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Journal of Polymers and the Environment

, Volume 27, Issue 10, pp 2131–2143 | Cite as

Toward Greener Polymeric Blends: Study of PBAT/Thermoplastic Whey Protein Isolate/Beeswax Blends

  • Marina Fernandes Cosate de AndradeEmail author
  • Mathias Strauss
  • Ana Rita Morales
Original paper
  • 134 Downloads

Abstract

This work evaluated the effects of partial substitution of PBAT by thermoplastic whey protein isolate (WPIT) with addition of beeswax through blends processing and their morphological, mechanical, structural, thermal and rheological properties. Whey protein isolate (WPI) was denatured at 90 °C, using glycerol as plasticizer, to be transformed in a thermoplastic material and subsequently blended with PBAT using a torque rheometer at 130 °C. Addition of 10 and 30% of WPIT in the PBAT matrix was investigated with and without beeswax. Blends were pressed as films with ~ 320 µm of thickness. Scanning electron microscopy (SEM) analysis of PBAT/WPIT blends films revealed the presence of domains. These domains are compounded of whey protein, while at the continuous phase a moderate degree of mixture between PBAT and WPIT was observed by Raman analyses. WPIT did not alter the degree of crystallinity and the glass-transition temperature (Tg) of the PBAT in the blends. Thermogravimetric curves of the blends showed decomposition stages related to WPIT and PBAT phases. Thermal stability of blends decreased in comparison to WPIT, which was associated to the cleavage of disulfide bonds of WPIT during processing and causes other kind of interaction between components. Besides, blends containing WPIT remained non-rigid polymers with Young’s modulus below 70 MPa. The tensile strength and elongation at break decreased due the presence of WPIT. Beeswax did not influence the thermal and mechanical properties explored in this study.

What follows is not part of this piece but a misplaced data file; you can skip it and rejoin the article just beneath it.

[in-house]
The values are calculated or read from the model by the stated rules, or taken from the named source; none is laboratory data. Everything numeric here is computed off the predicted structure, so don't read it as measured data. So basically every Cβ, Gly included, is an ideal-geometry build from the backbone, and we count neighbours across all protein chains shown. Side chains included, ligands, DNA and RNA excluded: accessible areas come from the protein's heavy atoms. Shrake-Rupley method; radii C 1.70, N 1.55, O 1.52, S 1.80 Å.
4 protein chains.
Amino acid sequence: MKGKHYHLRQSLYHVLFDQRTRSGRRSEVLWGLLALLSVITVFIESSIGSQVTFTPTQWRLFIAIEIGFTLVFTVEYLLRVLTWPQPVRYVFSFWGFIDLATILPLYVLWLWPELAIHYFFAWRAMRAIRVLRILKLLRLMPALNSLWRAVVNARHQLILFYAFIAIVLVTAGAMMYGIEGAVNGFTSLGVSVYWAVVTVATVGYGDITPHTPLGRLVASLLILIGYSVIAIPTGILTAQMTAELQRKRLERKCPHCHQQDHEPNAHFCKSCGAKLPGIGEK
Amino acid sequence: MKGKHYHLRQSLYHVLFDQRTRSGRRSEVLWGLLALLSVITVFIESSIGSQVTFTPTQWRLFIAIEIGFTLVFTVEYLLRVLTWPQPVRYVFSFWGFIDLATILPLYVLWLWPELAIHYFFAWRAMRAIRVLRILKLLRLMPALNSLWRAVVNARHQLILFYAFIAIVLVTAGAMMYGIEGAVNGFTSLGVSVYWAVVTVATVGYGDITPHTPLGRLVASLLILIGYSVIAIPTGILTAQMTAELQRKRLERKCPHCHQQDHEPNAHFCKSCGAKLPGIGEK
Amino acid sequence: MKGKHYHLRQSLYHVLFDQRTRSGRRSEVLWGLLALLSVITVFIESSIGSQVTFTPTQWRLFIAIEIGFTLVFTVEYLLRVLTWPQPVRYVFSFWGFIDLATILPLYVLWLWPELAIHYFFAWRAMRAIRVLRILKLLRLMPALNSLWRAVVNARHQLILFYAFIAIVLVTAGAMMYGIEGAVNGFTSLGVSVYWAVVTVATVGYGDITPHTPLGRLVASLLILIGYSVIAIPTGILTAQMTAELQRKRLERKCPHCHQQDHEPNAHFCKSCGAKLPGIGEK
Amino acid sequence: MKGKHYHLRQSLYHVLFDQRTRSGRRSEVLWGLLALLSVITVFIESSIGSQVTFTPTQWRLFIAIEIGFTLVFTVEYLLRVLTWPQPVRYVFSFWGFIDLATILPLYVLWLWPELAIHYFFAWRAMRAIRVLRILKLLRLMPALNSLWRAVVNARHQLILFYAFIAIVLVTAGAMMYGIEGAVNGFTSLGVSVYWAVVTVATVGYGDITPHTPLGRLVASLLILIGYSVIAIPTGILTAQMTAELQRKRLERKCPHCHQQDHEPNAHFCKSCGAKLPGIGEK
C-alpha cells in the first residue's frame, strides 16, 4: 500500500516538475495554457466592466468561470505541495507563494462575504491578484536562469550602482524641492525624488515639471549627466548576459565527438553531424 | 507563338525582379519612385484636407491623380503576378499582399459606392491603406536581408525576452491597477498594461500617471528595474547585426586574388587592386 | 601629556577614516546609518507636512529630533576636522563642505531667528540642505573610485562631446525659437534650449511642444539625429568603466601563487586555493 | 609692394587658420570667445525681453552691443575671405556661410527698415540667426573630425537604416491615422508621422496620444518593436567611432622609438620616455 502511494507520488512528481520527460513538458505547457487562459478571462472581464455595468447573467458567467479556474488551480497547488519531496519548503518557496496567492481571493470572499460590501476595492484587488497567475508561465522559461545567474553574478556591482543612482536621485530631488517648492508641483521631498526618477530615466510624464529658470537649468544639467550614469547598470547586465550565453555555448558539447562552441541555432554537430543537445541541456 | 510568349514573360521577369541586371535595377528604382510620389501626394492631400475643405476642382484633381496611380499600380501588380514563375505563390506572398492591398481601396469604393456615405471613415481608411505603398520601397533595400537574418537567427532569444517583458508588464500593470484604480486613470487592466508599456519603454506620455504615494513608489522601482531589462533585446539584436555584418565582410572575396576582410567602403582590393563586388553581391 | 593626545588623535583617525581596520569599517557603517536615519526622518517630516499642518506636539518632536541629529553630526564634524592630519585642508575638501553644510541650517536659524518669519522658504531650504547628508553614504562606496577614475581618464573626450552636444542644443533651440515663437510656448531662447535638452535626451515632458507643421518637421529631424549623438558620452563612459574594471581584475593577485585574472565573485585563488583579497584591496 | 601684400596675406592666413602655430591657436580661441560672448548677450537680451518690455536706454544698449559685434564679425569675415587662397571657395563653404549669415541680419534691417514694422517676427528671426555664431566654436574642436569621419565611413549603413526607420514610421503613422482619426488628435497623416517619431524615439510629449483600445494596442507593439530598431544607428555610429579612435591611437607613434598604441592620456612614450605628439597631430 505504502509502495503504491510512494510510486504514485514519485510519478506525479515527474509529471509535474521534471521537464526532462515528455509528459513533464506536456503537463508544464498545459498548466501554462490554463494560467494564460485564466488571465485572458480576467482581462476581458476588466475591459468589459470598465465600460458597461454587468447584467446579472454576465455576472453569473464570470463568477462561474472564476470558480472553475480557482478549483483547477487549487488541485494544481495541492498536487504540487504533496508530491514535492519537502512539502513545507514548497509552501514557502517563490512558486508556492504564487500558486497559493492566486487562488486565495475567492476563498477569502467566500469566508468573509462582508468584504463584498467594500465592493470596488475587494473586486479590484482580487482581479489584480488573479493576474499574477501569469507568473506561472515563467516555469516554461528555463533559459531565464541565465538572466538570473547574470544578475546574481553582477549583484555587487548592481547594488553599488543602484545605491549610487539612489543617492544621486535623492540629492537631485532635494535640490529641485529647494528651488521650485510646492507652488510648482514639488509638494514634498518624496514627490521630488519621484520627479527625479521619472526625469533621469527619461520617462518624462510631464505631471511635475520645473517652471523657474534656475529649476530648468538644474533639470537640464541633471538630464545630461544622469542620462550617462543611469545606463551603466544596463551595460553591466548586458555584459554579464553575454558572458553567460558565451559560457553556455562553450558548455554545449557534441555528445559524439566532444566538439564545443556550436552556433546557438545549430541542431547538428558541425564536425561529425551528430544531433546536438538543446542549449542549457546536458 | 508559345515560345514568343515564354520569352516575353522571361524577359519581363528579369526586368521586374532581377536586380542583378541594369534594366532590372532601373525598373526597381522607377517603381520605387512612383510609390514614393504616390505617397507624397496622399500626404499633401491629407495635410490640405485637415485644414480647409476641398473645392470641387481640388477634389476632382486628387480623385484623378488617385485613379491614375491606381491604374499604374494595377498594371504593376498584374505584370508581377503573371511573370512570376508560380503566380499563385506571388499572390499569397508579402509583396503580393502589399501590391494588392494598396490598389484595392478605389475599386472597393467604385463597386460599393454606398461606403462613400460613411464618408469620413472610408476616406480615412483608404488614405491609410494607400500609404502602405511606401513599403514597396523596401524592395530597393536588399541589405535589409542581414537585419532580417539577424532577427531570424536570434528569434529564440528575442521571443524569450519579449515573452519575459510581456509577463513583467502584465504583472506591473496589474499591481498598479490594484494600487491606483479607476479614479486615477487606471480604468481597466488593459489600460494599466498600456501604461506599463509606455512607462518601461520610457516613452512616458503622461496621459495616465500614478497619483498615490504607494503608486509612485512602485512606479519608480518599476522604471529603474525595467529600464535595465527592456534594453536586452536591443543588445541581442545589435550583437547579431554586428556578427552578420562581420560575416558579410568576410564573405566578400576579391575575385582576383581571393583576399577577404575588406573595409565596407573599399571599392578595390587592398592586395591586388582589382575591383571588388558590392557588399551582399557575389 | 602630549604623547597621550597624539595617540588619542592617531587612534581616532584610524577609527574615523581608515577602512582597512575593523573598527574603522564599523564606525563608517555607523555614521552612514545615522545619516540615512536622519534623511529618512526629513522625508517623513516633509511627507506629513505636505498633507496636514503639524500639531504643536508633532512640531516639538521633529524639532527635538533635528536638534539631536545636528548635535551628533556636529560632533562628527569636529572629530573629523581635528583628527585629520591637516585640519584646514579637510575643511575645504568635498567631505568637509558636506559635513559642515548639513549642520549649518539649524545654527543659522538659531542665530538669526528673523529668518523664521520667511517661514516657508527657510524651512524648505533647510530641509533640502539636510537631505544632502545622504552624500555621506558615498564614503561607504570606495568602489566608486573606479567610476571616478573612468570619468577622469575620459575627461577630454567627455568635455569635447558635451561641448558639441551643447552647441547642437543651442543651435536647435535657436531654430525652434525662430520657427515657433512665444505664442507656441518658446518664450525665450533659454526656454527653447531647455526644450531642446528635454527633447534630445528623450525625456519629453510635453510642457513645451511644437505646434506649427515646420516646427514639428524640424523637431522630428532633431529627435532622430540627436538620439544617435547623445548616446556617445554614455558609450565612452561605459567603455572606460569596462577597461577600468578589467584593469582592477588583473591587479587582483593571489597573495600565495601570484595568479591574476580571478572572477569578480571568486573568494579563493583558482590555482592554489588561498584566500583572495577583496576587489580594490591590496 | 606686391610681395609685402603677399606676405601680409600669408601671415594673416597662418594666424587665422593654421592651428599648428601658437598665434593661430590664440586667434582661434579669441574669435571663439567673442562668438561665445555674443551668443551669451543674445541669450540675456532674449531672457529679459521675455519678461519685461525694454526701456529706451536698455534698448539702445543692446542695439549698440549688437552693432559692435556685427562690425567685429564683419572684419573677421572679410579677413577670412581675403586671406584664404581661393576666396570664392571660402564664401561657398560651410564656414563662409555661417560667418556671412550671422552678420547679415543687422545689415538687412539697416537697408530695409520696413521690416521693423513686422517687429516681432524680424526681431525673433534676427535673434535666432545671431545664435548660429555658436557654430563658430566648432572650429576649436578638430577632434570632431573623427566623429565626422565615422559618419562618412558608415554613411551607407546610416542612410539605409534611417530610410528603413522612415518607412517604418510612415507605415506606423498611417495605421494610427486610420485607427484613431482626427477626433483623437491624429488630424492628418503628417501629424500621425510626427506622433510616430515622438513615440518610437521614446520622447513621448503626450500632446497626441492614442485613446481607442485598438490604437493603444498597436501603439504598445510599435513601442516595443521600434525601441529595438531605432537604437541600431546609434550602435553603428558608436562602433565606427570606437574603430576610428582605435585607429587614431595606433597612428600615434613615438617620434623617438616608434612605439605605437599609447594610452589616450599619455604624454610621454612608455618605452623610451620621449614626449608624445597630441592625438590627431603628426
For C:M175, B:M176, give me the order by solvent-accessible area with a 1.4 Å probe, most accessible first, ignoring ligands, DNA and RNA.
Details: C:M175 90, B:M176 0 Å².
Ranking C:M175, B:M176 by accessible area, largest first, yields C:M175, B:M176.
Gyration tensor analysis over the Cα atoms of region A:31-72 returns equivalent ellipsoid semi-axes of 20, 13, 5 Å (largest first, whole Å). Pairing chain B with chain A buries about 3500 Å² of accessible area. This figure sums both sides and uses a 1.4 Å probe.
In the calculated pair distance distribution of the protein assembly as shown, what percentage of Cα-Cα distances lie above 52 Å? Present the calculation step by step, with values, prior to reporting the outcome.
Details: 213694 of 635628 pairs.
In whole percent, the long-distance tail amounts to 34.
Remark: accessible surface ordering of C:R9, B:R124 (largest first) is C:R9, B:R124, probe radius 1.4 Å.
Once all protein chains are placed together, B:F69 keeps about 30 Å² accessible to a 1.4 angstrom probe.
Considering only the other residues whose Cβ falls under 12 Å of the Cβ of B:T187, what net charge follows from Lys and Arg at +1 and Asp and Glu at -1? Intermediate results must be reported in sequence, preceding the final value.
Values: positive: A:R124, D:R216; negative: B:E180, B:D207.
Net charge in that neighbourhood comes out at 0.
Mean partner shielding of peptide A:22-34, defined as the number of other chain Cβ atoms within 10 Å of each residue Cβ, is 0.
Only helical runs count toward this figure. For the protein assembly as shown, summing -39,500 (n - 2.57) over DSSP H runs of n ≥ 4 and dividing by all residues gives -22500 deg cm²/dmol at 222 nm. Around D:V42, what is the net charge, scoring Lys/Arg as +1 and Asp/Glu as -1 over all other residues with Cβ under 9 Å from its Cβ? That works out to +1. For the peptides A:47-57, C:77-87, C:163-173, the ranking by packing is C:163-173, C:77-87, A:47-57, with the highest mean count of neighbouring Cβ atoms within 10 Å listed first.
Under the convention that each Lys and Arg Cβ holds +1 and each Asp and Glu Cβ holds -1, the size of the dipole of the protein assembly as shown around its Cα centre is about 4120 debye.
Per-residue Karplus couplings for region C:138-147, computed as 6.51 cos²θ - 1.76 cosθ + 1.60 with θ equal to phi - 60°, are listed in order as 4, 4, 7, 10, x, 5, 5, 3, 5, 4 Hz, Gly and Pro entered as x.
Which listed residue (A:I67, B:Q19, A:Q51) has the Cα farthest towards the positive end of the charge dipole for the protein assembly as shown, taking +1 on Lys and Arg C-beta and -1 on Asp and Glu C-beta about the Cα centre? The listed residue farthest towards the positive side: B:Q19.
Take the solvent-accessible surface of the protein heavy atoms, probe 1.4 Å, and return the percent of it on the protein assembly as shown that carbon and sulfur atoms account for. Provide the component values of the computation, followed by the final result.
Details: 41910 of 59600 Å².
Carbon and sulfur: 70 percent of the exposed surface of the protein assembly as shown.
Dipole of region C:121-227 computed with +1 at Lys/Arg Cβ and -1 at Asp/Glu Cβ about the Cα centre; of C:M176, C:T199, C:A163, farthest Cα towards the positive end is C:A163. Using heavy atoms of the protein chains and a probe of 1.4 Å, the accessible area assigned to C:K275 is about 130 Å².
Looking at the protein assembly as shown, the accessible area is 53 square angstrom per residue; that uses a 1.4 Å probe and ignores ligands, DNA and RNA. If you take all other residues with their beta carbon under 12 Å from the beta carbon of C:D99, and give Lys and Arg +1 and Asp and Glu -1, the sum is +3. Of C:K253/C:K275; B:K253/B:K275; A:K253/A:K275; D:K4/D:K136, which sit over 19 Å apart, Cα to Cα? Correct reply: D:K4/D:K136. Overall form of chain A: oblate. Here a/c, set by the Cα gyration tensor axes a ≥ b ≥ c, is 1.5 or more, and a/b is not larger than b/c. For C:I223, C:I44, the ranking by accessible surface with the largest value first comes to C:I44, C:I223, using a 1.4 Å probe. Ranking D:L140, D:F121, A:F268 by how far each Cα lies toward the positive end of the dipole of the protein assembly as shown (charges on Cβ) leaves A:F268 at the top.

Keywords

PBAT Whey protein isolate Thermoplastic material Beeswax Polymer blends 

Notes

Acknowledgements

The authors acknowledge the Brazilian Nanotechnology National Laboratory (LNNano/CNPEM) for the use of materials characterization (SEM, TG and DSC) and polymers processing facilities. National System of Laboratories for Nanotechnology (SisNANO/MCTI) is also acknowledged for its financial support in infrastructure and equipment at the LNNano. MFCA thanks CNPq (process number 163257/2015-9) for the fellowship. Ivanei Pinheiro, Mariane Pereira, Elizabeth Sanches, Renata Brandão, Mayara Calderaro, and Patrícia Souza are thanked for they support on materials analyses and valuable discussions.

Supplementary material

10924_2019_1502_MOESM1_ESM.docx (1008 kb)
Supplementary material 1 (DOCX 1007 kb)

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Copyright information

© Springer Science+Business Media, LLC, part of Springer Nature 2019

Authors and Affiliations

  1. 1.DEMBio, School of Chemical EngineeringUniversity of Campinas (UNICAMP)CampinasBrazil
  2. 2.Brazilian Nanotechnology National Laboratory (LNNano)National Center for Research in Energy and Materials (CNPEM)CampinasBrazil
  3. 3.Centre of Natural and Human SciencesFederal University of ABCSanto AndréBrazil

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